Bash then looks for a “~/.bash_profile” file. If it doesn’t exist, Bash looks for a “~/.bash_login” file. If that file doesn’t exist, Bash tries to find a “.profile” file. Once one of these files is found and read, Bash stops searching. So in most cases, “~/.profile” is unlikely to be read at all.

Often, you’ll find something like this in your “~/.bash_profile” or, as a sort of backstop, in your “~/.profile” file:

# if running bash
if [ -n "$BASH_VERSION" ]; then
  # include .bashrc if it exists
  if [ -f "$HOME/.bashrc" ]; then
    . "$HOME/.bashrc"
  fi
fi

This checks that the active shell is Bash. If it is, it searches for a “~/.bashrc” file and reads it if one is found.

Interactive Non-Login Shells

A Bash interactive non-login shell reads “/etc/bash.bashrc” and then reads “~/.bashrc” file. This allows Bash to have system-wide and user-specific settings.

This behavior can be changed with compilation flags when Bash is compiled, but it would be a rare and peculiar circumstance to encounter a version of Bash that doesn’t source and read the “/etc/bash.bashrc” file.

Each time you open a terminal window on your desktop, these two files are used to configure the environment of that interactive, non-login shell. The same thing happens for shells launched by applications, such as the terminal window in the Geany IDE.

Where Should You Put Your Configuration Code?

The best place to put your personal customization code is in your “~/.bashrc” file. Your aliases and shell functions can be defined in “~/.bashrc”, and they’ll be read in and available to you in all the interactive shells.

If your distribution doesn’t read your “~/.bashrc” in login shells, and you’d like it to, add this code to your “~/.bash_profile” file.

# if running bash
if [ -n "$BASH_VERSION" ]; then
  # include .bashrc if it exists
  if [ -f "$HOME/.bashrc" ]; then
    . "$HOME/.bashrc"
  fi
fi

Modularity Is Best

If you have a lot of aliases, or you want to use the same aliases across a number of machines, it is best to store them in their own file, and the same with your shell functions. You can call those files from your “~/.bashrc” file.

On our test computer, the aliases are stored in a file called “.bash_aliases” and a file called called “.bash_functions” holds the shell functions.

You can read them from within your “~/.bashrc” file like this:

# read in my aliases
if [ -f ~/.bash_aliases ]; then
  . ~/.bash_aliases
fi

# read in my shell functions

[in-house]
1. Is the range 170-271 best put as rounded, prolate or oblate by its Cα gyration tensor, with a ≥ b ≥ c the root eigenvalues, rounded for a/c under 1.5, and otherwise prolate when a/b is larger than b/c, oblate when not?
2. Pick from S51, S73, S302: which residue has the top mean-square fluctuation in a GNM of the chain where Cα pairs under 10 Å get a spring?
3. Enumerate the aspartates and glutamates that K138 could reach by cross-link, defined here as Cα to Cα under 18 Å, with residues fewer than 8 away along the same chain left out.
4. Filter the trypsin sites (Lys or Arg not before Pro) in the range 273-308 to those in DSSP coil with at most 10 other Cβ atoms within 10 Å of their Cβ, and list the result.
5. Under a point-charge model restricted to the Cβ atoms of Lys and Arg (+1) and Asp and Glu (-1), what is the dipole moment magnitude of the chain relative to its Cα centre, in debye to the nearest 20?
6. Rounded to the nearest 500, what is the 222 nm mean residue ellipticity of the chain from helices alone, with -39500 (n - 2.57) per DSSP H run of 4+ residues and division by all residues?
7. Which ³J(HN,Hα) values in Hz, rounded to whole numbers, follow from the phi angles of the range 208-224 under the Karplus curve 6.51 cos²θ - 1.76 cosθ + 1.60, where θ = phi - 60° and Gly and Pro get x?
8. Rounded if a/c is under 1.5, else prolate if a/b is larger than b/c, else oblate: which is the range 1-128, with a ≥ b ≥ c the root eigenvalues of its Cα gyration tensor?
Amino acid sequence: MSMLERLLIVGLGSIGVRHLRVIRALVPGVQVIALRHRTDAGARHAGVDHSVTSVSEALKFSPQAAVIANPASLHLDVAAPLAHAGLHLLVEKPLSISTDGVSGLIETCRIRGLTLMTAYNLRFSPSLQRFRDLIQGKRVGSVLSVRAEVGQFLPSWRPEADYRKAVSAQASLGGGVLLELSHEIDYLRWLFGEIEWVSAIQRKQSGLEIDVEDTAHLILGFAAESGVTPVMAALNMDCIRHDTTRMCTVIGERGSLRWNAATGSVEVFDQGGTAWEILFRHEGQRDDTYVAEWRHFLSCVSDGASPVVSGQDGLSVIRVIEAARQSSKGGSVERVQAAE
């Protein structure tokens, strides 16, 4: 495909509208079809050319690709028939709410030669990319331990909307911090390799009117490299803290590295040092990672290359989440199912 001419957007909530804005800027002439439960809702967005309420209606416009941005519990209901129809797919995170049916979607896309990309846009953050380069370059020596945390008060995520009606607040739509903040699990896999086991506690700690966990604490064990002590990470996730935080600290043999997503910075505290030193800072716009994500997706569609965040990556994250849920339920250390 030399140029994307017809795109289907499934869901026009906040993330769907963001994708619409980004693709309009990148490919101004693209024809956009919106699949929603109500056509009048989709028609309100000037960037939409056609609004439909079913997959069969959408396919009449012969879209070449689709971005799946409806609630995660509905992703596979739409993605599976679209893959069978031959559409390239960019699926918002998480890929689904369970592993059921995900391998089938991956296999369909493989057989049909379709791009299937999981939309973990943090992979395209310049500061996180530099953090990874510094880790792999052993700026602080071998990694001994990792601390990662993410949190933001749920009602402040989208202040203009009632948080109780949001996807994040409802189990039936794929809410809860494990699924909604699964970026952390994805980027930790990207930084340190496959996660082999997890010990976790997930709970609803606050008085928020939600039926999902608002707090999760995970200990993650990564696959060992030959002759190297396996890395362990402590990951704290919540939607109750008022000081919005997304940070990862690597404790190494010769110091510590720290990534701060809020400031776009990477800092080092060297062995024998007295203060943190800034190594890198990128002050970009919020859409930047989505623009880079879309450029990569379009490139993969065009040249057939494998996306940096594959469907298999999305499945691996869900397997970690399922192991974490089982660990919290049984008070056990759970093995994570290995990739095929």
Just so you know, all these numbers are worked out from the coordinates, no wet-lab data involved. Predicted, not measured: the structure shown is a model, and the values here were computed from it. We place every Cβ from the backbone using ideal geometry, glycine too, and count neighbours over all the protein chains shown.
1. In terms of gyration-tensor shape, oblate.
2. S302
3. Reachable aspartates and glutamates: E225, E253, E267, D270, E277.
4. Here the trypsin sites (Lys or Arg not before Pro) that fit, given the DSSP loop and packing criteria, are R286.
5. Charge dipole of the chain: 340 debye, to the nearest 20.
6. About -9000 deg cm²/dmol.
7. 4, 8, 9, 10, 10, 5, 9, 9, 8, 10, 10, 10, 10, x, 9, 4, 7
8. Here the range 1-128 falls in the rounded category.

if [ -f ~/.bash_functions ]; then
  . ~/.bash_functions
fi

This lets you easily move your aliases and functions between computers easily. You just need to add the lines above to the “~/.bashrc” file on each computer and copy the files containing your aliases and shell functions to your home directory on each computer.

It means you don’t need to copy all of the definitions from the “~/.bashrc” on one computer to the “~/.bashrc” files on each of the other computers. It’s also better than copying your entire “~/.bashrc” file between computers, especially if they are running Bash on different distributions.

In Summary

The files you really need to know about are:

  • /etc/profile: System-wide configuration settings. Used by login shells.
  • ~/.bash_profile: Used to hold settings for individual users. Used by login shells.
  • ~/.bashrc: Used to hold settings for individual users. Used by interactive non-login shells. Might also be called from your “~/.bash_profile” or “~/.profile” file for login shells.

One convenient method is to put your personal settings in “~/.bashrc”, and make sure your “~./bash_profile” file calls your “~/.bashrc” file. That means your personal settings are held in one single file. You’ll get a consistent shell environment across login and non-login shells. Combining this with storing your aliases and shell functions in non-system files is a neat and robust solution.

Profile Photo for Dave McKay Dave McKay
Dave McKay first used computers when punched paper tape was in vogue, and he has been programming ever since. After over 30 years in the IT industry, he is now a full-time technology journalist. During his career, he has worked as a freelance programmer, manager of an international software development team, an IT services project manager, and, most recently, as a Data Protection Officer. His writing has been published by  howtogeek.com, cloudsavvyit.com, itenterpriser.com, and opensource.com. Dave is a Linux evangelist and open source advocate.